Thursday, September 29, 2011

Right-Seat Jockey - A Good Day at Work

Some days it's good to go to work. I was on assignment today doing photo coverage of the pre-Open House media event at MCAS Miramar and several of us were given a ride in a Polish-built, 1947-era Russian transport/passenger aircraft.

The An-2, NATO code name Colt, is the world's largest single-engine bi-plane. Not only did I get to ride in it, but the pilot, Bob Cable, let us all rotate through and sit in the right seat during part of our flight around the San Diego area.

Not very luxurious on the inside, ungainly looking on the outside and very noisy and very, very slow, the Colt was a blast nonetheless! I'd ride in it again in a New York minute.

On a side note, some photographers seek out and get the fast jet rides. I must be trying to corner the market on the slow movers. I've ridden the Goodyear blimp (and got to pilot it for a few minutes), the Stout Bushmaster 2000 (the 1950s updated version of the Ford Trimotor) and now the An-2. A speed demon I'm not, although those who ride with me in my car may beg to differ.

An An-2 used to frequent the early days of the Hawthorne Air Faire. The amazing thing about the Colt was there seemed to be very little difference between its high-speed pass and low-speed pass. And it took forever to fly the pattern. We all swore the Goodyear blimp was faster.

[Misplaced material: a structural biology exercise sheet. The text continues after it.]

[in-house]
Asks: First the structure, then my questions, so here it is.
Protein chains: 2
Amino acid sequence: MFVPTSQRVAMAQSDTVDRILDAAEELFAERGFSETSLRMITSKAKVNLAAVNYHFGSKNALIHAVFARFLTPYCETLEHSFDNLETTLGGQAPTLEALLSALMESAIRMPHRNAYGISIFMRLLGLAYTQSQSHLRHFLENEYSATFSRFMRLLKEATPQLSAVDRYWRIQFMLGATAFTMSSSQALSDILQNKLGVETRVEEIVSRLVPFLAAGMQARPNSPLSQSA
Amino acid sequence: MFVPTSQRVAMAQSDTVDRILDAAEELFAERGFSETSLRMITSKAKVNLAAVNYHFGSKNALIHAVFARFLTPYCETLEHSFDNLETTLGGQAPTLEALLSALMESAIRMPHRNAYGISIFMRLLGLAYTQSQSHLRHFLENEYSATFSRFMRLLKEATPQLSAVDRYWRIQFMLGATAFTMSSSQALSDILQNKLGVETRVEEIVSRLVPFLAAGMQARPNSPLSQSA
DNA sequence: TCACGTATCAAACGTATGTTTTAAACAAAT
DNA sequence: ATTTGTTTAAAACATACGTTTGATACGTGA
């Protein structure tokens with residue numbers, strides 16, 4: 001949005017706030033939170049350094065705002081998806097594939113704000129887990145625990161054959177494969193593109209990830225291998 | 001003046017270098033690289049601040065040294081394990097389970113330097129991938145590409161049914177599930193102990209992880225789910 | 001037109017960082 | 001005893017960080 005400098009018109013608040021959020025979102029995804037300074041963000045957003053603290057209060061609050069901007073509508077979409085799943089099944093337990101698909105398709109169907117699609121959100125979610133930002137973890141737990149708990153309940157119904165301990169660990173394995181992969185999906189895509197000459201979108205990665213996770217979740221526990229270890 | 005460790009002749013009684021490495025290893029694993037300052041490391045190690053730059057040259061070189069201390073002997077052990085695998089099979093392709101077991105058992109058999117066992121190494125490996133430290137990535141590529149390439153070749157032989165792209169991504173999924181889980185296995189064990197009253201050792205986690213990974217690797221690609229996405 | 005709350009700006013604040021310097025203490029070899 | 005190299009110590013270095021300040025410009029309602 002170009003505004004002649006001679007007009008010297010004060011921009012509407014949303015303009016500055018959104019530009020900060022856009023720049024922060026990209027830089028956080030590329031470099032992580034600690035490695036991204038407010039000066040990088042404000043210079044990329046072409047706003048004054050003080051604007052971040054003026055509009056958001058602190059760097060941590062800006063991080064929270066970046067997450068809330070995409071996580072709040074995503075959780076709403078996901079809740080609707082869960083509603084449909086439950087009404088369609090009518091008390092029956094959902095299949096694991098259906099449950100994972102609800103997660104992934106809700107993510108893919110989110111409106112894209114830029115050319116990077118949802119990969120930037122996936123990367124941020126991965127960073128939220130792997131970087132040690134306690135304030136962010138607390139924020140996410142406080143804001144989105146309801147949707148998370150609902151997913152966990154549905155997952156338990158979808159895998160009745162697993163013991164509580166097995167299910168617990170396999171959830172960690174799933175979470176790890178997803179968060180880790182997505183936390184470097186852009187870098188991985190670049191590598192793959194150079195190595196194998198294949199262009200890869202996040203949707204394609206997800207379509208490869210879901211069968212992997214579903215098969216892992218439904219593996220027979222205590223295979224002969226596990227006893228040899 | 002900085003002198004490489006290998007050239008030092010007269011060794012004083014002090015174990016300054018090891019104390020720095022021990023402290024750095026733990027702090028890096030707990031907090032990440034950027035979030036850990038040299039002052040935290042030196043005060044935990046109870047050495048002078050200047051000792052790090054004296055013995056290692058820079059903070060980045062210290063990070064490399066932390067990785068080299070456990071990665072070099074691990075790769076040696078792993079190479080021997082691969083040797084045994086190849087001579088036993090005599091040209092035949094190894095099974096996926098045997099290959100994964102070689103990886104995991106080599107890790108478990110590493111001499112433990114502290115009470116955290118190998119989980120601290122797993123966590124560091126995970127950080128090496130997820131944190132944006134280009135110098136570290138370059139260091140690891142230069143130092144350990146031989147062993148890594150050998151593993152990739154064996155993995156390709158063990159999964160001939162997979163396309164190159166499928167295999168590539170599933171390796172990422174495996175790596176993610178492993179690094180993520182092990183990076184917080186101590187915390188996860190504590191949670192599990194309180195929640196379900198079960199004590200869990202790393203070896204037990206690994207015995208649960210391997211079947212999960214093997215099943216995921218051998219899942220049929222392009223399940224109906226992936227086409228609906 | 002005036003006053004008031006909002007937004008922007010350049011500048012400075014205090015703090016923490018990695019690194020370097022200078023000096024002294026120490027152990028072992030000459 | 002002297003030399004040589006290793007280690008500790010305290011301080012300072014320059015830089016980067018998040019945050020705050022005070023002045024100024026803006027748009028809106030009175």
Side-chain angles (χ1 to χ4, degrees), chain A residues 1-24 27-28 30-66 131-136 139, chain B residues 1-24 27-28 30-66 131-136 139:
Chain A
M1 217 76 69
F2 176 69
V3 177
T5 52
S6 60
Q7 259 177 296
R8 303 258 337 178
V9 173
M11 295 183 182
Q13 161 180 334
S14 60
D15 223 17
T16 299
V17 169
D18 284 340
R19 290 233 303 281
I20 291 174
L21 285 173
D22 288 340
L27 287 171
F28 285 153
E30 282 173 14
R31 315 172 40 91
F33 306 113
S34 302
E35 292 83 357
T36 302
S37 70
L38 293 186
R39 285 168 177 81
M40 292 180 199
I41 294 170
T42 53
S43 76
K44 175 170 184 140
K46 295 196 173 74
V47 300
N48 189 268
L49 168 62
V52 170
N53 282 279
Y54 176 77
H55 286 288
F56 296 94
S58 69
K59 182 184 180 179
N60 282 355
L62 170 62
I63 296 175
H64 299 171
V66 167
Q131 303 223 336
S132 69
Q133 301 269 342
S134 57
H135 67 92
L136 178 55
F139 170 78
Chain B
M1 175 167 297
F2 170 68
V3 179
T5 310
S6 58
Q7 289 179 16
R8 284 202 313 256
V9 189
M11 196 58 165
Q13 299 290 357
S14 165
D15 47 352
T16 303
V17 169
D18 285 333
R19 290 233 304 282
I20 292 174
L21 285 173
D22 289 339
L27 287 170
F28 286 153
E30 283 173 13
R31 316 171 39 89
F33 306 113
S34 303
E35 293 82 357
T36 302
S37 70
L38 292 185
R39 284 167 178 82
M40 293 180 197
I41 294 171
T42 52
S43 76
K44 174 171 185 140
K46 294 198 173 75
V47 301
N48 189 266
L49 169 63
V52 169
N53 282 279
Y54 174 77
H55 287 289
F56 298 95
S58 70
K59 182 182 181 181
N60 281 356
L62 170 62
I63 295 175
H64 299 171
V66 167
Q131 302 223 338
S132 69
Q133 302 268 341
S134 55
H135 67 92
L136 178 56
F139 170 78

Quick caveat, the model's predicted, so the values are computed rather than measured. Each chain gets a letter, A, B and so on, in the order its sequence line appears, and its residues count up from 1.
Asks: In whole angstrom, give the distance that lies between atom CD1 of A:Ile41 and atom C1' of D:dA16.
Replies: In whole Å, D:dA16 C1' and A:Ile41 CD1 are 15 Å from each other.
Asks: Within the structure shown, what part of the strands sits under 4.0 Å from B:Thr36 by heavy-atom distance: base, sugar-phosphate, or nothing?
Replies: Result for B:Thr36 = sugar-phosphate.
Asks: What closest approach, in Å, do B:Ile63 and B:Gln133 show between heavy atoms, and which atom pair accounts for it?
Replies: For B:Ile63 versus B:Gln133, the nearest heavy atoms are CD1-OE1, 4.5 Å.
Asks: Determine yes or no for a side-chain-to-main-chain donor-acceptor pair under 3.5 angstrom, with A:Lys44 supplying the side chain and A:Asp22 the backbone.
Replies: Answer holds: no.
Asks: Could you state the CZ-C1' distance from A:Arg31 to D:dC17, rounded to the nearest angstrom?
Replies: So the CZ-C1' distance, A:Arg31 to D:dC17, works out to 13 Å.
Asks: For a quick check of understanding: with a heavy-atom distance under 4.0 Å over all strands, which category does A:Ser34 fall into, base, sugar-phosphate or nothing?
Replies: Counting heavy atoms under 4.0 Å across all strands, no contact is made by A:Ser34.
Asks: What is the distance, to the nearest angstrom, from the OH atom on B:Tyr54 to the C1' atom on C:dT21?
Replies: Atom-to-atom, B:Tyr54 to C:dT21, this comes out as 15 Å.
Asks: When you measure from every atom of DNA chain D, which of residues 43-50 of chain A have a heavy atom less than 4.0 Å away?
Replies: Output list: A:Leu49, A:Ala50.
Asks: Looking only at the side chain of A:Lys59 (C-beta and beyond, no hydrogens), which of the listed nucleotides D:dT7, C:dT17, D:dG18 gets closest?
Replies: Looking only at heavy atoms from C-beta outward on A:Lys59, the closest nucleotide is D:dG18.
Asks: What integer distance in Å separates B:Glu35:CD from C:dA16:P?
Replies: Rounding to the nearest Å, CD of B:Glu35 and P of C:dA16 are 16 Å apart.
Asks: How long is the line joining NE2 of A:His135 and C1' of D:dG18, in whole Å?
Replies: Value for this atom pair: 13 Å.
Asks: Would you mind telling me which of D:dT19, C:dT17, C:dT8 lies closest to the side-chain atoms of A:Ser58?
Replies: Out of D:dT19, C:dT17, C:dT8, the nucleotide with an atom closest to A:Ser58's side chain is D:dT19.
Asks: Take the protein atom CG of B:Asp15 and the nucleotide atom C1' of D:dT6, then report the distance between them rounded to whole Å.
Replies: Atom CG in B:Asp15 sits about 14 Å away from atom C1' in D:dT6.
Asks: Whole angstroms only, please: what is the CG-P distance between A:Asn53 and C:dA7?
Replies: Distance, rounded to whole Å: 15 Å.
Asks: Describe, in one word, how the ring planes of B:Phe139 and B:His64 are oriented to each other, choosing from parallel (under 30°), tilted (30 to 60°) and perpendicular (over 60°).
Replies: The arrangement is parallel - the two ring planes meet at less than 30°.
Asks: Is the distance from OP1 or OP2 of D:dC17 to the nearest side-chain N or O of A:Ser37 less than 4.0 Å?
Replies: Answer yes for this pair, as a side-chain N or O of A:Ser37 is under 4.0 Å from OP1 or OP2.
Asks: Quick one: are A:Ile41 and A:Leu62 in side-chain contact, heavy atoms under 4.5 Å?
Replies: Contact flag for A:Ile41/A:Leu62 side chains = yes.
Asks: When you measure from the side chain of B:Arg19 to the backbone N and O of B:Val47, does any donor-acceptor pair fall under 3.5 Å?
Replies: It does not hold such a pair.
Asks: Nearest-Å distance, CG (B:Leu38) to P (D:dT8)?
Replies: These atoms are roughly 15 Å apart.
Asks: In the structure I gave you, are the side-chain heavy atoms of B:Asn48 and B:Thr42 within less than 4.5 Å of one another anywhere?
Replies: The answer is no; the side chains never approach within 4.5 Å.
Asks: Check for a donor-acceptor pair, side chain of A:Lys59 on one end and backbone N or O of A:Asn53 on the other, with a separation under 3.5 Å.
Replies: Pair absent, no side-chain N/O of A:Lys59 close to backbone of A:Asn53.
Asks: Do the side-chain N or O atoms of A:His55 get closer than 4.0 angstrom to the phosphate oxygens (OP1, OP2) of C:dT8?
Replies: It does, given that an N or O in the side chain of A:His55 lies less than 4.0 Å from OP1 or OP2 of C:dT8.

In reality the top speed is about 160 mph and landing speed (stall speed) is around 35-40 mph. But is sure seemed like there was no difference in top and bottom performance when it did its routine. It just flew S-L-O-W.

A semi-humorous side note occurred when we were crawling through the airplane while we were on the ground waiting for the weather to clear so we could fly: a young woman - she looked like a mid-twenty-something - was doing a running commentary while her friend filmed her. There was a portrait of an old man in the cabin and she found his big moustache fascinating. She jokingly referred to the portrait as a photo of her grandfather. She was somewhat chagrined when she was told it was a photo of Josef Stalin.

At least she knew who Stalin was, even if she'd never seen a picture of him. Ah, youth.

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